A risk assessment is a systematic process designed to identify hazards and risk factors with the potential to cause harm. Risk can fall into several categories — business specific risks that are unique to your organization, and general risks that are known to particular industries and activities. There are also risks that are unexpected and situational — such as ones that cropped up during COVID-19. The process is made up of three key components: hazard identification, risk analysis and evaluation, and finally, risk control. Via a thorough evaluation of the surrounding environment, a risk assessment should be able to identify situations and processes that could cause harm, especially to people. The goal of a risk assessment is to eliminate or minimize the risk involved by introducing effective control measures. As such, one creates a safer, better workplace. Risk assessments are intended to be used anytime there is a change in environment, machinery, process, or when a major hazard is identified.
Risk assessments serve as confirmation that at any given time, the entire workforce is aware of the hazards in play and what mitigation strategies are in place to help reduce that risk. Often, it’s impossible to get rid of all hazardous environments, but certain risks can be effectively mitigated through a strategy safety plan and approach. Not only do risk assessments ensure safety in the workplace, but organizations will reap the benefits of employee loyalty and reduced compensation claims.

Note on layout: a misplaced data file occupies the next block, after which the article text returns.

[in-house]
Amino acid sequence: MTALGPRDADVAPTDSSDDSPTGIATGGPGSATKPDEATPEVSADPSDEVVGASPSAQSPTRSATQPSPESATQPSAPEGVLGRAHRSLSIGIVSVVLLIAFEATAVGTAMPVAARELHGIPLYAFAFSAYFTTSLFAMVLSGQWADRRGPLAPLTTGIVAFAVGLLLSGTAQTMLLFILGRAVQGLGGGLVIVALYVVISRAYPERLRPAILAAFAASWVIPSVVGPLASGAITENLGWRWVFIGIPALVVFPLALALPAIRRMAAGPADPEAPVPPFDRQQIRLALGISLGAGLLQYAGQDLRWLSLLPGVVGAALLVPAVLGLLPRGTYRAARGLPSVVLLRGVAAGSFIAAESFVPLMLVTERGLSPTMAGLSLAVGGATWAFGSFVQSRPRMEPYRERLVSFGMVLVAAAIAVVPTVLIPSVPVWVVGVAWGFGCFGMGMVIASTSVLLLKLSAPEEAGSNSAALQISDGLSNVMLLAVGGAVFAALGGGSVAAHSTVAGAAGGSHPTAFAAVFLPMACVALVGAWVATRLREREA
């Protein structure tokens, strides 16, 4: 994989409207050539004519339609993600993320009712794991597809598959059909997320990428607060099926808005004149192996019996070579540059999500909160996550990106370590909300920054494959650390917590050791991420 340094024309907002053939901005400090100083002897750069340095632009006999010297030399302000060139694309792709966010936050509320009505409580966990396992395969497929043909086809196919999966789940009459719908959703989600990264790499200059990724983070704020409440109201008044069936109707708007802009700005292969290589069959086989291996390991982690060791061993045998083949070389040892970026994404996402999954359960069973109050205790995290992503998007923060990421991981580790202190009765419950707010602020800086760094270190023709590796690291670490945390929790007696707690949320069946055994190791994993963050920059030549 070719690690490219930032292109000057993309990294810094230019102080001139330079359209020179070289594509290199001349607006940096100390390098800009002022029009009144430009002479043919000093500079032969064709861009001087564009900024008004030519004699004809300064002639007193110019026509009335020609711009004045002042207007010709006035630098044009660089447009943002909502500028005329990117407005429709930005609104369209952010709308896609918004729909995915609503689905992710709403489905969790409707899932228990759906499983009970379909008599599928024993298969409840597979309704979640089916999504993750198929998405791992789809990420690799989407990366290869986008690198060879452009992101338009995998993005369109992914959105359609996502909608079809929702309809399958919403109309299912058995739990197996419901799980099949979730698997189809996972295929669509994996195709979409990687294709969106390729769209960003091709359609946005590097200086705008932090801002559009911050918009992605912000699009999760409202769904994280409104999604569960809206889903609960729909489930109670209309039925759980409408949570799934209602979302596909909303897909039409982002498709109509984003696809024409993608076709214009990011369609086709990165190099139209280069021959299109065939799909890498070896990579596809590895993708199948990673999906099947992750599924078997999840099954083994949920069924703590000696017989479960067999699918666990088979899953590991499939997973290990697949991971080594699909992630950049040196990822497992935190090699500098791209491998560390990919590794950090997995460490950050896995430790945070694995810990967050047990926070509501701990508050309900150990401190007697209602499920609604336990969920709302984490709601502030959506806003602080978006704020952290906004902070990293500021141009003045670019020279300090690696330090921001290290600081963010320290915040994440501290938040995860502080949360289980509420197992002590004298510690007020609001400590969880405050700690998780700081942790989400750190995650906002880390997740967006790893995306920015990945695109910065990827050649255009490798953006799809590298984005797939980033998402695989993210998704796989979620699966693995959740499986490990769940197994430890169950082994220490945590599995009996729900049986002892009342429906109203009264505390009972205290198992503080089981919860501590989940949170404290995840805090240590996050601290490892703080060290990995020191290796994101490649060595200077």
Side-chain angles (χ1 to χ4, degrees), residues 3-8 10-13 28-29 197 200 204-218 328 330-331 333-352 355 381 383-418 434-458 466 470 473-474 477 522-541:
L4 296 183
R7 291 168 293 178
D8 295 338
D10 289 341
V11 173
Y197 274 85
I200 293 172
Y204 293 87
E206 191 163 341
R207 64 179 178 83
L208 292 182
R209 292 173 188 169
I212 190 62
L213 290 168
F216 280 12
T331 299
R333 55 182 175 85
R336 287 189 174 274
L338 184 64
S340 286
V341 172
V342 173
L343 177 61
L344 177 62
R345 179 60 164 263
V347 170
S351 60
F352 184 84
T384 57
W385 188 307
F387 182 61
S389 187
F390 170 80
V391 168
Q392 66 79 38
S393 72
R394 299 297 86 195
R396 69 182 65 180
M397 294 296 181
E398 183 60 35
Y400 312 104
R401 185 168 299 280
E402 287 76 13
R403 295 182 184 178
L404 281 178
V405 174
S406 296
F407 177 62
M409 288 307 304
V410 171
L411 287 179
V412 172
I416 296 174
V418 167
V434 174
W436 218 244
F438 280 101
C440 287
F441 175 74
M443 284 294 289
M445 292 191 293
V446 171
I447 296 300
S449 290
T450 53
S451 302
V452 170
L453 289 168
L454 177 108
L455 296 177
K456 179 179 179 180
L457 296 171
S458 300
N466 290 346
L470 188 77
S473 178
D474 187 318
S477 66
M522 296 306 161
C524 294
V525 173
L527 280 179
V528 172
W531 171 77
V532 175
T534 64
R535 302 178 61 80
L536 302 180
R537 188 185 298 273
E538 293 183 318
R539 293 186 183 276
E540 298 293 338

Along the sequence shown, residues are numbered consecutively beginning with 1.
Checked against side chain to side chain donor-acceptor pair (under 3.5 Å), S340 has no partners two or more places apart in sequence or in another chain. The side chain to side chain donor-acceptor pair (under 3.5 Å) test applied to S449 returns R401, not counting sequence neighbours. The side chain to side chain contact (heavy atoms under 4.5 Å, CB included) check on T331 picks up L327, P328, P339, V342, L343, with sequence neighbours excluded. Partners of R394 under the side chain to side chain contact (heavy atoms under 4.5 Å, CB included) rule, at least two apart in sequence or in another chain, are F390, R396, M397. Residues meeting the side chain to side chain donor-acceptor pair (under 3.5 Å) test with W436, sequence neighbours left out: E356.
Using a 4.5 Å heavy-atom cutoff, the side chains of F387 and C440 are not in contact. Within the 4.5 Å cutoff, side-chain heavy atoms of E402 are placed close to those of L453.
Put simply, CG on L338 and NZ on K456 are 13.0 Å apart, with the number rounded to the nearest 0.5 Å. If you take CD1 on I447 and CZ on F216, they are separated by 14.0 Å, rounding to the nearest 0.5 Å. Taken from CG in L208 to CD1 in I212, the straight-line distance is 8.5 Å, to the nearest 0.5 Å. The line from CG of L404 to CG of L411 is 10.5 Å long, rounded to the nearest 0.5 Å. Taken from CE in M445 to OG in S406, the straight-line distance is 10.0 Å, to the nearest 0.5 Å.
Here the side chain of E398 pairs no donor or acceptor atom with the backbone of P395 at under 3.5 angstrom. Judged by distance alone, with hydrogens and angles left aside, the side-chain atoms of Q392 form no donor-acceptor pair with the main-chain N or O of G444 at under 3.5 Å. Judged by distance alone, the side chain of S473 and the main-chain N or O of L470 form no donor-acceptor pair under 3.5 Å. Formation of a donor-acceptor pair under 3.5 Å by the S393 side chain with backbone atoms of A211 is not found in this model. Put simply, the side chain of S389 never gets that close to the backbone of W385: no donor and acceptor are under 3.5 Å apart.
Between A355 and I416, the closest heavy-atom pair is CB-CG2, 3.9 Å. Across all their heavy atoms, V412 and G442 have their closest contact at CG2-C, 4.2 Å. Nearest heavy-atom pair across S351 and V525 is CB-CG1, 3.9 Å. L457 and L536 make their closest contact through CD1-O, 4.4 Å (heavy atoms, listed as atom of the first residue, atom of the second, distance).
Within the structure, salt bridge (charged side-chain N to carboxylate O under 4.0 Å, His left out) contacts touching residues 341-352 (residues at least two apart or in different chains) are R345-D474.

A risk assessment mandates a thorough evaluation of a workplace for both existing and potential hazards. This starts by creating a list of hazards and current control measures. Consult teams that are impacted by these measures as they would have valuable insights as to the severity of the hazards and the effectiveness of the controls. Observe tasks as they are carried out by teams and review accident, incident and near-miss records. Next, analyse the degree of risk at play. Pre-empt how different hazardous scenarios could play out and the resulting injuries. Take a look at legislated requirements, industry codes, health and safety materials and product documentation. Create a risk matrix to determine what hazards to control first. Finally, work through a hierarchy of control measures to reduce risk, starting with elimination and ending with PPE.
Risk assessments are often legally mandated and the primary risk management tool in workplaces. In many industries, you’ll find that there specific legislative requirements that apply. A risk assessment should be conducted by a single person or team with in-depth knowledge of the situation being evaluated. Supervisors or dedicated safety managers are often the point person in these scenarios.